Visceral documentary traces the radicalising effect of the US occupation on one Shi-ite family. “A revealing insight into the war in Iraq from the locals' point of view.” — Variety
Screened as part of NZIFF 2006
As visceral as Iraq in Fragments is measured, this documentary traces the radicalising effect of the US occupation on one Shi-ite family. The Blood of My Brother brings us into painful proximity with the grief of a Baghdad family whose alpha male Ra’ad is killed – martyred – by US troops while standing guard at a mosque. Ra’ad’s teenage brother Ibrahim struggles desperately in his new role of breadwinner. We see how the cocktail of grief, anger and impotence clearly fuels the burgeoning militancy of young Iraqi men: it’s a short step for Ibrahim into the world of the Mehdi Army, a Shia insurgency inspired by the demagogic cleric Sayid Moqtada al-Sadr. Andrew Berends’ camera brings us as close to these militants as we are ever likely to get. We see them weep, sing, dance – and skirmish with Coalition forces on the devastated streets of Sadr City and Najaf.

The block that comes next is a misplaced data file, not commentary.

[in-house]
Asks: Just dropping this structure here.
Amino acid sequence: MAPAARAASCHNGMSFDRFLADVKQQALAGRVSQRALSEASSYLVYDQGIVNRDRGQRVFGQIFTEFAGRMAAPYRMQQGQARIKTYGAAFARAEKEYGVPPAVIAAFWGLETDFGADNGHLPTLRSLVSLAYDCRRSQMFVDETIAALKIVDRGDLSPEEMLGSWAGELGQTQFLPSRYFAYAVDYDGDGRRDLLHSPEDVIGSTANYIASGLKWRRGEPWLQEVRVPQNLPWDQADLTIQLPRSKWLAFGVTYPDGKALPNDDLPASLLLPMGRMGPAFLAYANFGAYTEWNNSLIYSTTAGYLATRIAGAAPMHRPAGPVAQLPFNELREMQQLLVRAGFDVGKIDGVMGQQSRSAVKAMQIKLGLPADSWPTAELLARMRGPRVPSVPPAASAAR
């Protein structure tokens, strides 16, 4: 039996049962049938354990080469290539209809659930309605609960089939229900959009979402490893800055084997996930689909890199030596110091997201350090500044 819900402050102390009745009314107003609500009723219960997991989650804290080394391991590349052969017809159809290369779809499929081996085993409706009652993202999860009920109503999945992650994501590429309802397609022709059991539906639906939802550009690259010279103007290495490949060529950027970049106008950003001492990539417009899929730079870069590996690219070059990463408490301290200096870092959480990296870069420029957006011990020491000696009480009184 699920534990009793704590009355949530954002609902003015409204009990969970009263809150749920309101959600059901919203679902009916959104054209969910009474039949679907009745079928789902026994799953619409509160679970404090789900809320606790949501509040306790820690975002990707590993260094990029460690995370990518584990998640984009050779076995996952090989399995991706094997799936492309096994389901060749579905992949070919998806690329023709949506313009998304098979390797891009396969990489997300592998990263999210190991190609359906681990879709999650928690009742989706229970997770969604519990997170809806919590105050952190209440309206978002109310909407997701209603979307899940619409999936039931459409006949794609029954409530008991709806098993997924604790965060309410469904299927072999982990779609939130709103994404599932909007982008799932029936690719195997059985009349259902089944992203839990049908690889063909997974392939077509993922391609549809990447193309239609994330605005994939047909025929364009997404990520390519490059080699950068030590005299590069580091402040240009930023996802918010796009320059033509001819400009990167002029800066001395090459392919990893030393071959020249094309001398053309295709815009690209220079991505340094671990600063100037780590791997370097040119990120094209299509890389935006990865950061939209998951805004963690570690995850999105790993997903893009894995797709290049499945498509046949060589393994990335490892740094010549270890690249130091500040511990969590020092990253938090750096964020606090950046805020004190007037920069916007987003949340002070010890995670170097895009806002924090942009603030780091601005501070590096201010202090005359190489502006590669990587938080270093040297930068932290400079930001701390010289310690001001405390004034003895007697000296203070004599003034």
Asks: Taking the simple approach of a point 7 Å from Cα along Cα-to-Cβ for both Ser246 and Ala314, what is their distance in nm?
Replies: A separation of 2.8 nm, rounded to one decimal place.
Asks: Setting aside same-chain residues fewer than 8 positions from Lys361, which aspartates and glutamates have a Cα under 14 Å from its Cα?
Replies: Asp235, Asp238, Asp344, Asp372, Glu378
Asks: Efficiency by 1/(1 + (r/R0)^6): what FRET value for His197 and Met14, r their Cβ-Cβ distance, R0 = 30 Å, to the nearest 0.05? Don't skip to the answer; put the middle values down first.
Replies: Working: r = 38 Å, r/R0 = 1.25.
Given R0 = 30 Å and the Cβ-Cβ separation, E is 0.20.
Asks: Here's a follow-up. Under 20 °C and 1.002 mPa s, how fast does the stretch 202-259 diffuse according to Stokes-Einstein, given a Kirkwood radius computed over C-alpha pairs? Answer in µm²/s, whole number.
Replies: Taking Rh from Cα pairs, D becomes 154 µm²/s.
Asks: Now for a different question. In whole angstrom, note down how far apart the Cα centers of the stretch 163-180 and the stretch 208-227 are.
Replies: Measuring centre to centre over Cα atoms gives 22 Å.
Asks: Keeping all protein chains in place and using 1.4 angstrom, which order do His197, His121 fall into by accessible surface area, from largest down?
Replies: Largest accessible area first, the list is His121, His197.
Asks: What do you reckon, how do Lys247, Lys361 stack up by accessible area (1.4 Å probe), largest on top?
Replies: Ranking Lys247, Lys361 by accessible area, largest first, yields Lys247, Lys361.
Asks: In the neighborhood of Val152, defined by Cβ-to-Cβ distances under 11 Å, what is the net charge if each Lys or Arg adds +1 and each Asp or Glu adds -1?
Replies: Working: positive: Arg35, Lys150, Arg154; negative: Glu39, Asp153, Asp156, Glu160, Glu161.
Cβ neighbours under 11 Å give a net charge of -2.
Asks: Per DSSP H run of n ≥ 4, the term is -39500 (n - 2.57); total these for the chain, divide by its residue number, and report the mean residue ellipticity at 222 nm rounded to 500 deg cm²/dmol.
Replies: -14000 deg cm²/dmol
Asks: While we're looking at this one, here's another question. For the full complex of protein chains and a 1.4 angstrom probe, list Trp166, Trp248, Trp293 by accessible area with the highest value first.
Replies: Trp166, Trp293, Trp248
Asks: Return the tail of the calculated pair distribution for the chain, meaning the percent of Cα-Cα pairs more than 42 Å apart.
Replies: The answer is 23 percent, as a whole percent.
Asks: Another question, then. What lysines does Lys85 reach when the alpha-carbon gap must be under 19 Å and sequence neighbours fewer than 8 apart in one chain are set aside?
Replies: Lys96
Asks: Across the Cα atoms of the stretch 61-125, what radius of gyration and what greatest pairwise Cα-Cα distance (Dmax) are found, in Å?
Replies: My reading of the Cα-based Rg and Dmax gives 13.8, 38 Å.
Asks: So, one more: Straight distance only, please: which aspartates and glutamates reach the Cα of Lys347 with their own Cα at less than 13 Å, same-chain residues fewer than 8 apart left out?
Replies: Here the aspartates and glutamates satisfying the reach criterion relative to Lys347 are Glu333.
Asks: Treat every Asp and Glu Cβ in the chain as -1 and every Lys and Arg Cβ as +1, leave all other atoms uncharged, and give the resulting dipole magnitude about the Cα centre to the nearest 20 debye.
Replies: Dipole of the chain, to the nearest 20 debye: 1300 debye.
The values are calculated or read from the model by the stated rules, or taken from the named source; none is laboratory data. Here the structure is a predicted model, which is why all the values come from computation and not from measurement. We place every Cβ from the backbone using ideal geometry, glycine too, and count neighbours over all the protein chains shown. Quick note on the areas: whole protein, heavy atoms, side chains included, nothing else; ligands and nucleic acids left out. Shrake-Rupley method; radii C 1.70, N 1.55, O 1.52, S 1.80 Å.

“Made with access to the Mehdi Army and embittered citizens the Western news media – or even the CIA – might envy... Andrew Berends creates a revealing insight into the war in Iraq from the locals’ point of view.” — Leslie Felperin, Variety